Products for students and professionals have to be long-lasting. Students can’t have their laptop die in the middle of a lengthy lecture, and professionals can’t be working on the road if they’re constantly attached to wall outlets. Fortunately, Samsung nailed battery life for the Notebook 7 Spin. The 43Wh battery gets you through the day easily, especially when leveraging Windows’ power modes.

As I often say, Windows is Windows. The software on different computers remains identical, but Samsung did go overboard with pre-installed apps and services. A lot of them aren’t even from Microsoft or Samsung. On our review unit, we discovered a number of games as well as McAfee installed right out of the box. Students might like this, but few professionals are spending their time playing Bubble Witch 3 Saga or Disney Magic Kingdoms.

Other key software features that are potentially useful include Voice Note (audio recording), Samsung Cloud (cloud storage), and Studio Plus (media editor).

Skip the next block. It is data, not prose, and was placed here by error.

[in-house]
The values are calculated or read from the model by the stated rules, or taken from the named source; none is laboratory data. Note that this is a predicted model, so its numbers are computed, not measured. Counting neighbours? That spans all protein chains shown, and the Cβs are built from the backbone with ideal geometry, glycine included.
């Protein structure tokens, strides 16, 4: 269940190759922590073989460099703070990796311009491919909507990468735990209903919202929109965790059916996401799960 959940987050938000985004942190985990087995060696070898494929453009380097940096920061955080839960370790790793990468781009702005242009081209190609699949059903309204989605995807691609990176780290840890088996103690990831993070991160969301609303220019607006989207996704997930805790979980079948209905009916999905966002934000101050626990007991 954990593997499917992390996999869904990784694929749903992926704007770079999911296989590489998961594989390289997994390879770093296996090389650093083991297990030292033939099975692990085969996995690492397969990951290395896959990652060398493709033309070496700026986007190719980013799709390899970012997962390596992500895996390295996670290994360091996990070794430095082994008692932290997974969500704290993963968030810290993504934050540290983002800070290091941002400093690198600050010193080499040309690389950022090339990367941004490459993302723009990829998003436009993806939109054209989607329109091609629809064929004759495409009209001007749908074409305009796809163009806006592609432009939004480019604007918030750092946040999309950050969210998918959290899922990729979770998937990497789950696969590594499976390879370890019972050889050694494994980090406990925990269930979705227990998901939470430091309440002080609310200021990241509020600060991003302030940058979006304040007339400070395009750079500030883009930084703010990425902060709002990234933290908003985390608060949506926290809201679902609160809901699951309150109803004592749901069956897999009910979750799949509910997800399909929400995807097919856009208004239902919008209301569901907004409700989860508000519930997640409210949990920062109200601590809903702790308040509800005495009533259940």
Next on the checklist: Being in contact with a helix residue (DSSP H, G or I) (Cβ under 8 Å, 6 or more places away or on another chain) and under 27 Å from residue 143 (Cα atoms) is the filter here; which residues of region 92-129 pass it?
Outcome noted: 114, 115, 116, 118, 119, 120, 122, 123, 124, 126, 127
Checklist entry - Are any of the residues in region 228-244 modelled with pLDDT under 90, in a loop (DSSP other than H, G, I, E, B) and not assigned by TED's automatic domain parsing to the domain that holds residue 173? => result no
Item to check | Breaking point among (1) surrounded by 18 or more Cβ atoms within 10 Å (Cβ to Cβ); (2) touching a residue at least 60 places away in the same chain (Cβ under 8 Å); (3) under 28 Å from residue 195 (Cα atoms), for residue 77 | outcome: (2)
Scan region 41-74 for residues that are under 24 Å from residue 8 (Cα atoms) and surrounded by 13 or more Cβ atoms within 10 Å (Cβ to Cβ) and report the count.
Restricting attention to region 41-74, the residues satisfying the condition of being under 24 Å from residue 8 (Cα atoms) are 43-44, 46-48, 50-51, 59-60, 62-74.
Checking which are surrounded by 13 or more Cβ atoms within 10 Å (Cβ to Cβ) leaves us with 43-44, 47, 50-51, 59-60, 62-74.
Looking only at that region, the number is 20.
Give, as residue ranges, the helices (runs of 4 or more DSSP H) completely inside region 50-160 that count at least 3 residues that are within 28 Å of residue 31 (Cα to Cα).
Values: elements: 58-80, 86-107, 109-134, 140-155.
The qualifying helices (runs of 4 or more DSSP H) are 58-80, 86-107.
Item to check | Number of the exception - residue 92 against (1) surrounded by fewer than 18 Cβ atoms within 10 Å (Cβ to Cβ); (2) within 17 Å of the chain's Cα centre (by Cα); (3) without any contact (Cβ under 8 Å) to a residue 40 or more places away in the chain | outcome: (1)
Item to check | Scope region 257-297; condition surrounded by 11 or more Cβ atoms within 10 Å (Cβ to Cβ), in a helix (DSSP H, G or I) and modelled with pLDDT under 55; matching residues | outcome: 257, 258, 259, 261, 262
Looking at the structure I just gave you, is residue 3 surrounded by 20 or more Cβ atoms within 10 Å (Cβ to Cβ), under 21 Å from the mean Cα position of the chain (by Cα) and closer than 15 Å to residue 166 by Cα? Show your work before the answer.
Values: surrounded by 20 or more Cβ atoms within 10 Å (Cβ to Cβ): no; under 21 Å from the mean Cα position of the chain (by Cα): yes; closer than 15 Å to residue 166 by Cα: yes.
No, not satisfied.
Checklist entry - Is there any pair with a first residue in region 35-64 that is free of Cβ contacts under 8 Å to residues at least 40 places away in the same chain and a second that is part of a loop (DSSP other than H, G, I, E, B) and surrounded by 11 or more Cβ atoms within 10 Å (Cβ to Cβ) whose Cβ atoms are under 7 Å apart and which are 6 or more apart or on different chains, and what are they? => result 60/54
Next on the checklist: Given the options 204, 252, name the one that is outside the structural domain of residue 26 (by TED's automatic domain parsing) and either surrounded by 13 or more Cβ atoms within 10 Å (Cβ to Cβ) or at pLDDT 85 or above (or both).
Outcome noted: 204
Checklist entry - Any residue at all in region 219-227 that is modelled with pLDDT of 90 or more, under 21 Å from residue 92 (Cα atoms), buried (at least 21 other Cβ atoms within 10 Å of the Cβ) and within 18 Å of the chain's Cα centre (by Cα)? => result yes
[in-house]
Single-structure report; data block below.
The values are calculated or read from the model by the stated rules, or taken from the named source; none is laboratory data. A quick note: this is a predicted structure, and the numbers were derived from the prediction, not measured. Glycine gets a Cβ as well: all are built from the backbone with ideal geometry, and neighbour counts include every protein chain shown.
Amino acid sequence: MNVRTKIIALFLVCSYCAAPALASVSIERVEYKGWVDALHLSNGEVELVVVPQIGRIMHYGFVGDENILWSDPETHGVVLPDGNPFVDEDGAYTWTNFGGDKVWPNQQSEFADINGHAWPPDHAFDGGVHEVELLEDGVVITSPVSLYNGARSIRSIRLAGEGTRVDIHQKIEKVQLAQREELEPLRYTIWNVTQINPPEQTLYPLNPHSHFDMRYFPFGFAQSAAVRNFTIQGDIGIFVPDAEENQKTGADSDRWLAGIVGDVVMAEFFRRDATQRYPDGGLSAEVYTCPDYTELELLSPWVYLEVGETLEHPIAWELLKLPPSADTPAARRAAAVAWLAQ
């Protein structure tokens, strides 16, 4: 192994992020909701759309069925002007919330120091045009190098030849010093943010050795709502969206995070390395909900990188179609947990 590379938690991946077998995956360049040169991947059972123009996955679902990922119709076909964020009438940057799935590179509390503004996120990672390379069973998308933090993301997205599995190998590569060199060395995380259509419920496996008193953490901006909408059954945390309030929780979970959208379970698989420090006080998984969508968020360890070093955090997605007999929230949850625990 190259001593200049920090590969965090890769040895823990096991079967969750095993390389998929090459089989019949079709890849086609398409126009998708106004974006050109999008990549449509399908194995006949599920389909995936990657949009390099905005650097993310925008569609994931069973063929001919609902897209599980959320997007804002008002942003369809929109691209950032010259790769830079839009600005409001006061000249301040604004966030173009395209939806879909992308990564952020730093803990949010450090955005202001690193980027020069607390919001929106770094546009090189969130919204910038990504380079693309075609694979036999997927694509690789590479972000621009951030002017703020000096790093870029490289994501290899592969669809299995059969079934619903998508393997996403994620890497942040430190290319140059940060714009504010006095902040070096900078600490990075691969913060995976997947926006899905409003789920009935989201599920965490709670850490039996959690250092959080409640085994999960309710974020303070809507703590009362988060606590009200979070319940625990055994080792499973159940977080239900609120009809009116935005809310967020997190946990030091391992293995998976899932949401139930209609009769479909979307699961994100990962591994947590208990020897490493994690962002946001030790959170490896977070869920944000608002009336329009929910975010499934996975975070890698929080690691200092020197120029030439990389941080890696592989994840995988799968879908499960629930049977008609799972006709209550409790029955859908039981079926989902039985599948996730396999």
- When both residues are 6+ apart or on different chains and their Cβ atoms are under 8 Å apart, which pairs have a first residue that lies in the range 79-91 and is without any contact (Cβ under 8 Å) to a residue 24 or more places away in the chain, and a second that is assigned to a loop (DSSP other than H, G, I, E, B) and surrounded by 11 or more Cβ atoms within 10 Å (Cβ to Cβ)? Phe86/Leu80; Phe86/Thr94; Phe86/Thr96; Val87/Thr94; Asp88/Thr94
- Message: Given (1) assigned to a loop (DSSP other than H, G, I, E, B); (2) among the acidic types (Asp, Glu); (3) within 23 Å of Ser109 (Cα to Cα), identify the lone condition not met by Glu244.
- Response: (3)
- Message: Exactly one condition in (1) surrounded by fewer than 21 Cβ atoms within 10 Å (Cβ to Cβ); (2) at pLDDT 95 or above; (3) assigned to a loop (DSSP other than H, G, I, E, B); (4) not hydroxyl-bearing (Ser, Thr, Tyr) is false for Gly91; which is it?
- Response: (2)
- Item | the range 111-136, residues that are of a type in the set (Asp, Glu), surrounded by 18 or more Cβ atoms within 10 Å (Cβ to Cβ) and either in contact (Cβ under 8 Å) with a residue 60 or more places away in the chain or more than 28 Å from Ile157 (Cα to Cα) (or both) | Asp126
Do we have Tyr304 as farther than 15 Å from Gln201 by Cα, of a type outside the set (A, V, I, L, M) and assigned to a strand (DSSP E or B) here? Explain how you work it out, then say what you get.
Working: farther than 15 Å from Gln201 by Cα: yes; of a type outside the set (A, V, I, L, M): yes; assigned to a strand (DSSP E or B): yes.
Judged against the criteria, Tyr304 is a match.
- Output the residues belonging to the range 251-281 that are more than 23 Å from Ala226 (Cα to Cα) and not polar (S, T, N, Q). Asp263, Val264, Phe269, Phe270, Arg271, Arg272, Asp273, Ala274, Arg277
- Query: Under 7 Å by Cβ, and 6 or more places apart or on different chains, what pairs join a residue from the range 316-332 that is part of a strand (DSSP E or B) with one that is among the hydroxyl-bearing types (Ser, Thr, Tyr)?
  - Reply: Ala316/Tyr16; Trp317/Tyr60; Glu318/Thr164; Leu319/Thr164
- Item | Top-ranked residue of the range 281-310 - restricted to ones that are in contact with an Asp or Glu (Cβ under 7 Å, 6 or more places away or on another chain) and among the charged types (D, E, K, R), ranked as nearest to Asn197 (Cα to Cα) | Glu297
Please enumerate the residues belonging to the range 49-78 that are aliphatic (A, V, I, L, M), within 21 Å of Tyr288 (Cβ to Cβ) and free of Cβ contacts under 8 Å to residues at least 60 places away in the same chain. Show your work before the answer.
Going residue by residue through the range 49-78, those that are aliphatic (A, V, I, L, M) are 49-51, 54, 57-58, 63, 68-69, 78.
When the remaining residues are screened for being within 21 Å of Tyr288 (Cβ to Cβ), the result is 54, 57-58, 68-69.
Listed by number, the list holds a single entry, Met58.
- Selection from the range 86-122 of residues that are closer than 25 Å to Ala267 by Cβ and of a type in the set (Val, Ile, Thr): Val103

The Notebook 7 Spin does indeed have Windows Hello except not through the front-facing camera. It’s integrated into the home button that also reads your fingerprint. Honestly, that’s a nice addition for the laptop to keep up with the competition in some capacity.

The Notebook 7 Spin is versatile. That’s not enough to be unique anymore. When you look at the rest of the laptop, it’s disappointing. Samsung attached a hefty price tag to a laptop that’s not attractive and comes with a display you wouldn’t expect from the company.

Shoppers willing to spend $899 on a laptop probably have wiggle room. Add around $100 to the budget and you’re better off choosing the Surface Book or MacBook. Better yet, you can save money on a hybrid of the same quality as Samsung’s Notebook 7 Spin. Brands like ASUS, Acer, and HP all make 2-in-1 machines that match the Notebook 7 Spin in quality but shed hundreds of dollars from the price.


Justin Herrick

Justin is easily attracted to power buttons. His interest in technology started as a child in the 1990s with the original PlayStation, and two...